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COA declines to reverse conviction after co-defendant’s conviction overturned

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A panel on the Indiana Court of Appeals Wednesday did not agree with a defendant that his conviction of attempted aggravated battery should be reversed based on the reasoning of a separate appeals panel that overturned the same conviction of his co-defendant.

Chief Judge Nancy Vaidik and Judges Edward Najam and Elaine Brown granted Marquise Lee’s request for rehearing, in which he sought to have the affirmation of his Class B felony conviction of attempted aggravated battery overturned. Lee, his mother, Latoya Lee, and Billy Young were each charged with the murder of Ramon Gude after they went to his home to beat him up. An unidentified man with the three shot Gude, which resulted in his death. The three were tried jointly to the bench, and the court involuntarily dismissed murder charges. The court then found each of them guilty of attempted aggravated battery as a lesser-included offense. Lee’s mother’s conviction was affirmed as well, but Young’s conviction was reversed.

Lee never argued on appeal that attempted aggravated battery was not a lesser included offense to murder nor did he argue the state’s evidence at trial was an impermissible variance from the charging information. In Young, the appeals panel concluded that the trial court found the alleged facts underlying the murder charge were not proved beyond a reasonable doubt, and Young’s conviction for attempted aggravated battery was based on other evidence presented at trial. As such, his conviction is not a lesser-included offense of the murder charge.

In Marquise Lee v. State of Indiana, 49A02-1310-CR-869, the judges noted that Lee did not preserve this issue for appellate review and disagreed with the Young panel that the trial court did not present the defendants with a clear opportunity for a timely objection. When dismissing the murder charge, the judge explicitly told the defendants he would consider lesser-included offenses.

“As the Young panel recognized, ‘[a]t first blush, it would seem attempted aggravated battery’ is an inherently included lesser offense to murder. This fact alone demonstrates that the trial court did not commit an ‘egregious’ and ‘blatant” error,” he wrote.  

Najam then pointed to cases in which the COA has long held that attempted aggravated battery is an inherently lesser-included offense to attempted murder.

“And it should go without saying that attempted murder is an inherently lesser included offense to murder,” he continued. “Thus, the trial court did not commit fundamental error when it entered judgment against Marquise for attempted aggravated battery as an inherently lesser included offense to the charge of murder.”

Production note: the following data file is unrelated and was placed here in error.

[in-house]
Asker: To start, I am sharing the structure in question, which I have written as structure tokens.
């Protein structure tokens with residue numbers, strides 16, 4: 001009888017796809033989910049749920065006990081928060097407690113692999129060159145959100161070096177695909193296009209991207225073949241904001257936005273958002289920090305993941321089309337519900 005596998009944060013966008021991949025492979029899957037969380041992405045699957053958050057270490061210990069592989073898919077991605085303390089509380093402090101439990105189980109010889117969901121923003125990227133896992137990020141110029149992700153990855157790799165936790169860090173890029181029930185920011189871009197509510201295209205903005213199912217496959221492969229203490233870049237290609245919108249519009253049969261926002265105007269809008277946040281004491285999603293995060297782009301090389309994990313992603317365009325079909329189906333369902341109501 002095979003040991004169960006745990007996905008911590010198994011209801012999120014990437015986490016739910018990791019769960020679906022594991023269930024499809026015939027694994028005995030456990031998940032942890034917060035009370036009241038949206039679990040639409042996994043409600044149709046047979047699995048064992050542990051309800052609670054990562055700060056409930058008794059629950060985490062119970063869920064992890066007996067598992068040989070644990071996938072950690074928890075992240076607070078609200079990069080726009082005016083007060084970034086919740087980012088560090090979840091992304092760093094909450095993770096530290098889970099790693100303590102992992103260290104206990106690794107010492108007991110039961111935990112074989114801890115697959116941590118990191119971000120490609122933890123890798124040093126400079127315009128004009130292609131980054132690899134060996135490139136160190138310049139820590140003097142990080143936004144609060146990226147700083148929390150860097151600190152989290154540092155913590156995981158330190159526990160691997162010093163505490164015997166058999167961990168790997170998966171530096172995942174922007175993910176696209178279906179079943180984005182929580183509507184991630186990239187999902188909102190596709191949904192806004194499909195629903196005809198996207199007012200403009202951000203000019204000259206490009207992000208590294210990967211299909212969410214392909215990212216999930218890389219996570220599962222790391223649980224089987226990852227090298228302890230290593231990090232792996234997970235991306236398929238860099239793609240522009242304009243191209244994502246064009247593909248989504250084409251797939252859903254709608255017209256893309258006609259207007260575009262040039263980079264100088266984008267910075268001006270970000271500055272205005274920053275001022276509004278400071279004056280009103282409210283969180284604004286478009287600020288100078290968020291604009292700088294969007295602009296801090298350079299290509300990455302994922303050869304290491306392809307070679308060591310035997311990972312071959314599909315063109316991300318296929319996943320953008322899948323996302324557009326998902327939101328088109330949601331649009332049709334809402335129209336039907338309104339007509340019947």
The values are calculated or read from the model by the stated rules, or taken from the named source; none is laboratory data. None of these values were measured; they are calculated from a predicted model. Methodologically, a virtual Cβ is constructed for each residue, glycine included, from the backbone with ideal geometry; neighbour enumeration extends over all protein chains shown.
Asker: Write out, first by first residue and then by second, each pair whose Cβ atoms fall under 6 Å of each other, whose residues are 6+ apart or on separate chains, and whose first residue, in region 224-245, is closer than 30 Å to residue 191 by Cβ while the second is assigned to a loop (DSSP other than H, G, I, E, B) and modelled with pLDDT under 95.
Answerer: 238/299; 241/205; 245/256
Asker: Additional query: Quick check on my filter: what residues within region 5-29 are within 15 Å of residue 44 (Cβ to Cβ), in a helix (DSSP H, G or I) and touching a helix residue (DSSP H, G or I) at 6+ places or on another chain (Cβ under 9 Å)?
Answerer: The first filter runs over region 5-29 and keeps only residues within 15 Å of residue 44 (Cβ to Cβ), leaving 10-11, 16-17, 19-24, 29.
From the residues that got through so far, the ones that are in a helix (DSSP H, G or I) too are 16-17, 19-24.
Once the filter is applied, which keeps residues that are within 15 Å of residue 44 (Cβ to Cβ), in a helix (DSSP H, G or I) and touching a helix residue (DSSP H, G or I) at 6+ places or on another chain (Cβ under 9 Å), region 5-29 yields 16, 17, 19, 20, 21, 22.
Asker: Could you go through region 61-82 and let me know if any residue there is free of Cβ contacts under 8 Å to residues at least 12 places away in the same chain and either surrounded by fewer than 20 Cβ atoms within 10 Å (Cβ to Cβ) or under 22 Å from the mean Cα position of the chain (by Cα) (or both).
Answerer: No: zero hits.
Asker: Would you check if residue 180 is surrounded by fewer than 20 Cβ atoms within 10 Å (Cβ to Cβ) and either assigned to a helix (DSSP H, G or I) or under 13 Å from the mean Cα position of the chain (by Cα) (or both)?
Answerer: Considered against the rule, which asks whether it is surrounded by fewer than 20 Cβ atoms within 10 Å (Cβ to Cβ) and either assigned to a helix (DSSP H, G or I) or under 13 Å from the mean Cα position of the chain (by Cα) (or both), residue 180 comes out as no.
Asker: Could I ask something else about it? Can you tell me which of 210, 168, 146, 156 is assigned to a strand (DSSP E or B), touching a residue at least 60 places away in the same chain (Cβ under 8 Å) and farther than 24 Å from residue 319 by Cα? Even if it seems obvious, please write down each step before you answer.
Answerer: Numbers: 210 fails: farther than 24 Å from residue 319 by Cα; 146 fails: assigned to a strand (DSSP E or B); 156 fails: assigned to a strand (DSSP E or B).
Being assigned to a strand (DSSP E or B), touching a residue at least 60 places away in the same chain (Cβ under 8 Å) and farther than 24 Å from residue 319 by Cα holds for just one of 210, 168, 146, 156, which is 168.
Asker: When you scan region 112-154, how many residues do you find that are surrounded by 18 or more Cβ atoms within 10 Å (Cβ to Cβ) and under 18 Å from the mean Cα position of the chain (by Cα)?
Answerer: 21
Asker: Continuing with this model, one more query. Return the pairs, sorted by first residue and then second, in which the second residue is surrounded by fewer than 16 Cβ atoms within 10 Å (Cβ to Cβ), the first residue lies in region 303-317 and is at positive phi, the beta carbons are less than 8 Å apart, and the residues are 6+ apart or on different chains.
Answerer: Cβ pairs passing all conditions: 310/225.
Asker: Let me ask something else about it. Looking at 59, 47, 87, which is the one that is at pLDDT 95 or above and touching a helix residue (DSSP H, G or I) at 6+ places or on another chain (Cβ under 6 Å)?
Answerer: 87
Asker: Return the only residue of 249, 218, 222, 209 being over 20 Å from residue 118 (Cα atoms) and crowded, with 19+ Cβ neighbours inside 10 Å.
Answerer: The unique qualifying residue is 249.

A separate appeals panel also granted Latoya Lee’s request for rehearing but denied reversing its earlier decision, Latoya C. Lee v. State of Indiana (NFP)

 
 

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  1. The practitioners and judges who hail E-filing as the Saviour of the West need to contain their respective excitements. E-filing is federal court requires the practitioner to cram his motion practice into pigeonholes created by IT people. Compound motions or those seeking alternative relief are effectively barred, unless the practitioner wants to receive a tart note from some functionary admonishing about the "problem". E-filing is just another method by which courts and judges transfer their burden to practitioners, who are the really the only powerless components of the system. Of COURSE it is easier for the court to require all of its imput to conform to certain formats, but this imposition does NOT improve the quality of the practice of law and does NOT improve the ability of the practitioner to advocate for his client or to fashion pleadings that exactly conform to his client's best interests. And we should be very wary of the disingenuous pablum about the costs. The courts will find a way to stick it to the practitioner. Lake County is a VERY good example of this rapaciousness. Any one who does not believe this is invited to review the various special fees that system imposes upon practitioners- as practitioners- and upon each case ON TOP of the court costs normal in every case manually filed. Jurisprudence according to Aldous Huxley.

  2. Any attorneys who practice in federal court should be able to say the same as I can ... efiling is great. I have been doing it in fed court since it started way back. Pacer has its drawbacks, but the ability to hit an e-docket and pull up anything and everything onscreen is a huge plus for a litigator, eps the sole practitioner, who lacks a filing clerk and the paralegal support of large firms. Were I an Indiana attorney I would welcome this great step forward.

  3. Can we get full disclosure on lobbyist's payments to legislatures such as Mr Buck? AS long as there are idiots that are disrespectful of neighbors and intent on shooting fireworks every night, some kind of regulations are needed.

  4. I am the mother of the child in this case. My silence on the matter was due to the fact that I filed, both in Illinois and Indiana, child support cases. I even filed supporting documentation with the Indiana family law court. Not sure whether this information was provided to the court of appeals or not. Wish the case was done before moving to Indiana, because no matter what, there is NO WAY the state of Illinois would have allowed an appeal on a child support case!

  5. "No one is safe when the Legislature is in session."

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